<set name='name' value='NAME'/>
      <set_layer name='boundary/major'/>
      <set_int_low value='2'/>
   <file name='ne_10m_roads.shp' codepage='1252'>
      <set name='ref' value='name'/>
      <set_layer name='road/major'/>
      <if test='type=="Major Highway"'>
         <set_road_type name='Motorway'/>
      <if else='type=="Secondary Highway"'>
         <set_road_type name='TrunkRoad'/>
      <if else='type=="Road" or type=="Unknown"'>
         <set_road_type name='PrimaryRoad'/>

These <file> statements create a world map from Natural Earth data.

<dbf name='string' prefix='string' key='string' { external_key='string' } { codepage='number' } />

The dbf command is legal only inside a file command. It allows an associated DBF file to be loaded while reading an ordinary input file, usually a SHP file.

The name attribute is the path of the associated .dbf file, including its extension. 

The prefix attribute is a prefix added to names fields loaded from the associated DBF file, if it's necessary to distinguish those field names from the field names in the main file.

The key is the name of the key field: that is, the field containing the value to be matched with a value in the associated DBF file.

The external_key is optional and is needed only if the key field in the associated file is different from that of the main file. If it is * (a single asterisk) it causes all the records in the associated DBF file to be made available.

Example: assume you have a shapefile main.shp (with its own dbf file main.dbf) and an associated dbf file other.dbf. The field ID exists in both files; in main.dbf it's the unique key, but in other.dbf there is a record containing the same ID. You need to load the matching ID record from other.dbf every time you process a record from main.dbf. You could do it like this

<file name='main.shp'>
    <dbf name='other.dbf' prefix='OTHER_' key='ID'/>

    <!--- rules -->


This causes all the fields in other.dbf in the record with ID equal to ID in main.dbf to be loaded and made available, but with OTHER_ prefixed to their field names.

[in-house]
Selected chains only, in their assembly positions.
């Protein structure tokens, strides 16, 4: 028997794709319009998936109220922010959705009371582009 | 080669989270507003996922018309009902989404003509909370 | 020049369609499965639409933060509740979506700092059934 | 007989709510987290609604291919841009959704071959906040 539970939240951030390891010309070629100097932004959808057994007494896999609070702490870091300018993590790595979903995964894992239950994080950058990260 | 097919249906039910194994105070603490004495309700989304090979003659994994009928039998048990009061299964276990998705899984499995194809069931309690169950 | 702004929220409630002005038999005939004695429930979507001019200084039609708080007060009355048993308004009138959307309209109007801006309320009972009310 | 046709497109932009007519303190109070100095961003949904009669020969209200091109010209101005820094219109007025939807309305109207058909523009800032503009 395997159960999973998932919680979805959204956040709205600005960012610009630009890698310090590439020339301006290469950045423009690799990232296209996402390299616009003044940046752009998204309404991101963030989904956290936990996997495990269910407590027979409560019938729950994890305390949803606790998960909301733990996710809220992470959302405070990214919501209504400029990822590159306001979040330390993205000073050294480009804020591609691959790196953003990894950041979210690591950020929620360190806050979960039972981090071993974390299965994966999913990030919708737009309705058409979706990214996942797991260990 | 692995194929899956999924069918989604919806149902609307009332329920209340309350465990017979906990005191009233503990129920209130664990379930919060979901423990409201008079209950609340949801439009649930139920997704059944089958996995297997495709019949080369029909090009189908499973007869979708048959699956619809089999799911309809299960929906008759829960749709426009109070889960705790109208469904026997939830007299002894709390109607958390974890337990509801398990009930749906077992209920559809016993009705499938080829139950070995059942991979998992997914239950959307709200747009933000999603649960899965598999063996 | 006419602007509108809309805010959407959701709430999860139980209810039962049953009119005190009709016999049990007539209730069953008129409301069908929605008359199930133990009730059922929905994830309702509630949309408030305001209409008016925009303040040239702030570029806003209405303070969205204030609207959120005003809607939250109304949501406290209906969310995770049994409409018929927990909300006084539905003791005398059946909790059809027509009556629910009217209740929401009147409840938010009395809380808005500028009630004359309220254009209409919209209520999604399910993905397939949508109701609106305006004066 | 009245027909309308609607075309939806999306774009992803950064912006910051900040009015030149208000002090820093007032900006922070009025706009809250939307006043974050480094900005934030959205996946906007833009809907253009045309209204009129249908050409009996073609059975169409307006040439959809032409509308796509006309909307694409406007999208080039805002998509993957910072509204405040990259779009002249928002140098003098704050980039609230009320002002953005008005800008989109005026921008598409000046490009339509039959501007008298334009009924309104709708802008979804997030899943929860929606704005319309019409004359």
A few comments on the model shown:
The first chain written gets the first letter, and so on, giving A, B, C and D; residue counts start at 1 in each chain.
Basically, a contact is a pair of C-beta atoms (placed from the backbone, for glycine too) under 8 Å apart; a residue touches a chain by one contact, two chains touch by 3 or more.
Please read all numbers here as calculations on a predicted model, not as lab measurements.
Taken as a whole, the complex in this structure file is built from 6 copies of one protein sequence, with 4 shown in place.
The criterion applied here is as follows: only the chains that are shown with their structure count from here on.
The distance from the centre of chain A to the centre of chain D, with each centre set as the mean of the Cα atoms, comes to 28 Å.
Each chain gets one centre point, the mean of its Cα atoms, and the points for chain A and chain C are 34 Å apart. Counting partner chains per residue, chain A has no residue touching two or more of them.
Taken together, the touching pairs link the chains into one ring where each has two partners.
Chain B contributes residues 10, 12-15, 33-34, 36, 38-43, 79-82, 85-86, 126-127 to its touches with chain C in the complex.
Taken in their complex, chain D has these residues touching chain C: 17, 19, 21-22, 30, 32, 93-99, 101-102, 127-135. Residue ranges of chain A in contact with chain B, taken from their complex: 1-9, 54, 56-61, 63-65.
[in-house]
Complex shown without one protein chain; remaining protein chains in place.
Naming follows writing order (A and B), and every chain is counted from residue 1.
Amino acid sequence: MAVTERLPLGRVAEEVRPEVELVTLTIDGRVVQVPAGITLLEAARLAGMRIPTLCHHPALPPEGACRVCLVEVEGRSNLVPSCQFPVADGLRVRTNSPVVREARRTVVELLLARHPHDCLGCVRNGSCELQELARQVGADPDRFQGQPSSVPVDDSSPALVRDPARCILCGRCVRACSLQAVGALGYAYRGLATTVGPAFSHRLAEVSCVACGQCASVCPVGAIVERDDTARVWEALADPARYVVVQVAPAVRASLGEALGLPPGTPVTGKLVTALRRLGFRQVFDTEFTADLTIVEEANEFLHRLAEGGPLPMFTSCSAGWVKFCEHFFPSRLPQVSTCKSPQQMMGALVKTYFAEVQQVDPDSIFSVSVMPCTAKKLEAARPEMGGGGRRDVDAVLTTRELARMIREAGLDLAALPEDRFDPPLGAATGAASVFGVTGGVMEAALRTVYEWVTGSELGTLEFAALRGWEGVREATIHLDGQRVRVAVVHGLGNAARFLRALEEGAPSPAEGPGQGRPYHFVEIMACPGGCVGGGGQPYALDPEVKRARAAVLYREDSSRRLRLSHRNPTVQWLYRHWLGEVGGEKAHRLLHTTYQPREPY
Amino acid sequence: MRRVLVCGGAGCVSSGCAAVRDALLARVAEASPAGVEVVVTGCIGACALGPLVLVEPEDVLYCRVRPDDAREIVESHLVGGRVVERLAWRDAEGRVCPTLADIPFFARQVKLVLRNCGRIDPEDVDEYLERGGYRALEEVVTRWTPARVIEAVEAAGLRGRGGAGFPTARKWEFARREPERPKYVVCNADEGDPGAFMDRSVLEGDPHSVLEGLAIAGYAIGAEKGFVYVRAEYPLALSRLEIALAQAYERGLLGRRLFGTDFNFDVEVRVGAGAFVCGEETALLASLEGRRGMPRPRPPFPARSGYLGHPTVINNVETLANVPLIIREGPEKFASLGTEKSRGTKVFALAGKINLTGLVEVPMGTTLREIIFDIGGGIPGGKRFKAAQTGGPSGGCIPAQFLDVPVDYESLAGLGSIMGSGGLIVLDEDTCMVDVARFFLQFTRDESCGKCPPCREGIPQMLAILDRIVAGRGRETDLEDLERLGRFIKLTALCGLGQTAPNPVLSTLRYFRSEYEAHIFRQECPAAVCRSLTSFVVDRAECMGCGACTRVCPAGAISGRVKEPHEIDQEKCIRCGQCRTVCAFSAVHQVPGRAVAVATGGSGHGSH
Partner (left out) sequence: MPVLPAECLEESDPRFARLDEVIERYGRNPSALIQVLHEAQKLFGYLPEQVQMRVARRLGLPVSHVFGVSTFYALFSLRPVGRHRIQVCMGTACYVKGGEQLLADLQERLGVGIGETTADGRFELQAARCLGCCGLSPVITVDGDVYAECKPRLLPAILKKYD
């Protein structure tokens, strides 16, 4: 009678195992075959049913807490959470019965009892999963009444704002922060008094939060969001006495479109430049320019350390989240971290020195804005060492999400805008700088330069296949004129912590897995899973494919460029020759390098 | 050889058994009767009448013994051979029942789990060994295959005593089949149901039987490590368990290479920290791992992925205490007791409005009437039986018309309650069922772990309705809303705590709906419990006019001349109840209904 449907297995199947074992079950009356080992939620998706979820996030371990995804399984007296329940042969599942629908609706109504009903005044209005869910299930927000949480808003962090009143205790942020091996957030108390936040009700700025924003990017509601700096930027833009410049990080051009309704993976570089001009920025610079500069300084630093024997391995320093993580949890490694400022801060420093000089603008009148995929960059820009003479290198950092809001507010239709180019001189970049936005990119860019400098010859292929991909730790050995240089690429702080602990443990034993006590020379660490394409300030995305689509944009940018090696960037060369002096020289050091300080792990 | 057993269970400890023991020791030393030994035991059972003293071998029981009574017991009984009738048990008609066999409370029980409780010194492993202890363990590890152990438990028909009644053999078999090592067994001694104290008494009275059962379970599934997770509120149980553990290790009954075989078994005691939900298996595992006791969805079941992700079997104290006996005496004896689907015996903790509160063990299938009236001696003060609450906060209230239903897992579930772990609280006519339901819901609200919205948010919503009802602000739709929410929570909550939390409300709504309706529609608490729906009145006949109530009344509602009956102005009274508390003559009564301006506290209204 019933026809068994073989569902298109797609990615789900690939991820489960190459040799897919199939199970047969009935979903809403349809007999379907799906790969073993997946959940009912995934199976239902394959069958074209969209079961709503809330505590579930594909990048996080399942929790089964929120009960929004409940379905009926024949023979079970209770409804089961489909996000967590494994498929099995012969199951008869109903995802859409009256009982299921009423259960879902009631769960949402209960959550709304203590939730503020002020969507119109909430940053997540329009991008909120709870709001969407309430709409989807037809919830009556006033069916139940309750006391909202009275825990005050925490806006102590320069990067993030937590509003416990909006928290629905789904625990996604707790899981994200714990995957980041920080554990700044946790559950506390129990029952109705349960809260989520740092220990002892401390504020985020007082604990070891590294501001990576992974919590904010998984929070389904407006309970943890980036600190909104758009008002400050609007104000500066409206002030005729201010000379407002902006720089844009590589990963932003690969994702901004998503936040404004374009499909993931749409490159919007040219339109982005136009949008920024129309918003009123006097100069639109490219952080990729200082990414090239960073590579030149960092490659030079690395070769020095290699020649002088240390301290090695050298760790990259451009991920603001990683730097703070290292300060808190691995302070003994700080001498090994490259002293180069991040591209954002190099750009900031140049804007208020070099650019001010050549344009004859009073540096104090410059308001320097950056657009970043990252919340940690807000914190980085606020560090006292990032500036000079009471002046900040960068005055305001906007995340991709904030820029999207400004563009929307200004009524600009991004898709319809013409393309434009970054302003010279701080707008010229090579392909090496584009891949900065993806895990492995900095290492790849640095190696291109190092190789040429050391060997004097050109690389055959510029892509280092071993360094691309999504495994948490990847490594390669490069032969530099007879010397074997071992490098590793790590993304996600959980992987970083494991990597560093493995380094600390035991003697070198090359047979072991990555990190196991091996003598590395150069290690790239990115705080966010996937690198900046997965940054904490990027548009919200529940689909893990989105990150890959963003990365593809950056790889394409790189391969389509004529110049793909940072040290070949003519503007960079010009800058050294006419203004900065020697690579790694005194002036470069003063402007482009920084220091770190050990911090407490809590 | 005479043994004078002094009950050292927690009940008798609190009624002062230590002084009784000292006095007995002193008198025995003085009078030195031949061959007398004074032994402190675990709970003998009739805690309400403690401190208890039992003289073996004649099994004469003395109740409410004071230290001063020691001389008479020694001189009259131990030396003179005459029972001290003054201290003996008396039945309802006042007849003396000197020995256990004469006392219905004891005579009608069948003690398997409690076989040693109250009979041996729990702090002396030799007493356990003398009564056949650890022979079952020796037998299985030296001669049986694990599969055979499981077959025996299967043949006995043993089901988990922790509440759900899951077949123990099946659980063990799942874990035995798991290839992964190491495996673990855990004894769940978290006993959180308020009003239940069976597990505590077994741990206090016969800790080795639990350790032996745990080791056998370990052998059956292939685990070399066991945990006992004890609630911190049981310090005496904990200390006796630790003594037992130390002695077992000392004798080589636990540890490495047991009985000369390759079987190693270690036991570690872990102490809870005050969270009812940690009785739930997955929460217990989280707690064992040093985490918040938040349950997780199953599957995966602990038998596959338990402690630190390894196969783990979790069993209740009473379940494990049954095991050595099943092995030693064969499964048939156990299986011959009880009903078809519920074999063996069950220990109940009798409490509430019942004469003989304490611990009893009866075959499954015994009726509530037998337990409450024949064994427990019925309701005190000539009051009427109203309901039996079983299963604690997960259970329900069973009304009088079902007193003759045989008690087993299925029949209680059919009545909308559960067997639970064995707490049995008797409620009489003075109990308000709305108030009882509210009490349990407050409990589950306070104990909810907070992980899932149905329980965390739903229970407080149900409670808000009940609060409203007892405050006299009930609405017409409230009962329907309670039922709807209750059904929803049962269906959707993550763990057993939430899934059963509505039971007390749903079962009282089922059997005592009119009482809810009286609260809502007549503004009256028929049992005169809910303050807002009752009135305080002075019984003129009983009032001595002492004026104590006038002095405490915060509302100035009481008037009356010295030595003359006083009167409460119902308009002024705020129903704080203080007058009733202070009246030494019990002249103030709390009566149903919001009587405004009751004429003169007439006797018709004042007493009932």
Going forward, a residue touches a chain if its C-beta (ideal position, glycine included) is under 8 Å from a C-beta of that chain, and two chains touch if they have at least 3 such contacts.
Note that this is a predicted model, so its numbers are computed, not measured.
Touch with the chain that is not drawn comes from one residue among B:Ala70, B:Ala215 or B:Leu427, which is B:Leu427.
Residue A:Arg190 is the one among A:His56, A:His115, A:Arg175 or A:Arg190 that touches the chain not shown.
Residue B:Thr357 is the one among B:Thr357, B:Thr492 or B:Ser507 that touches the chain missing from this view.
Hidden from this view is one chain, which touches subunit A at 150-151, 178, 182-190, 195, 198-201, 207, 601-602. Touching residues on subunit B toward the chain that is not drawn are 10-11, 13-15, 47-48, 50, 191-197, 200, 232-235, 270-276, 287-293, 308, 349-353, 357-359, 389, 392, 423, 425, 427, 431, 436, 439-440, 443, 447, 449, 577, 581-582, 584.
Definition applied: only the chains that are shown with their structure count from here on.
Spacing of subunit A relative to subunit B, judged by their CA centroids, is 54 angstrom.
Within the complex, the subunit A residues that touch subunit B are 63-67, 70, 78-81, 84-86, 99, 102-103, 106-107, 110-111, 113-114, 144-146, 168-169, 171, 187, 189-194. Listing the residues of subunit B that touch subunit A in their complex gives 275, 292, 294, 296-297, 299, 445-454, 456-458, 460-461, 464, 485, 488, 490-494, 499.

If the matching field in other.dbf is not called ID but, for example, XID, you would use this dbf command:

<dbf name='other.dbf' prefix='OTHER_' key='ID' external_key='XID'/>

If multiple records have the same ID in other.dbf you can use an optional subscript on the field names: for example, OTHER_ID[0], OTHER_NAME[6]. If there is no subscript, the subscript 0 is assumed. There is no way to find out how many matching records there are. For that functionality you need to use embedded ChaiScript code.

<group> statements </group>

Pushes a new output data object on the stack, copying its values from those of the top of the stack. At the end of the group the top-of-stack object is popped and discarded. Thus the <group> must contain at least one <commit> statement to have any useful effect.


<group test='highway!=@'>;

opens a new group if the 'highway' attribute is defined.

<if {test|else}='expression' > statements </if>

Tests the expression and executes the contained statements if it is true. The expression may refer to attributes of the current input object by their ordinary names. The difference between <if> and <group> is that <if> does not push a new output data object on to the stack.


 <if test='highway=="motorway"'>
 <set_road_type name='Motorway'/>
 <commit layer='road/major'/>

tests whether the 'highway' attribute has the value 'motorway' and if so sets the road type to Motorway and commits a map object to the layer 'road/major'.

Note that all other statements may also contain a test or an else, so <if> exists to provide a tested grouping of statements; there is no need to use an <if> ... </if> construct around a single statement.

<commit { layer='string' type='string' osm_type='string'  }/>

Creates a new output data object by copying the top-of-stack values, and adds it to the list of output data objects to be made into map objects.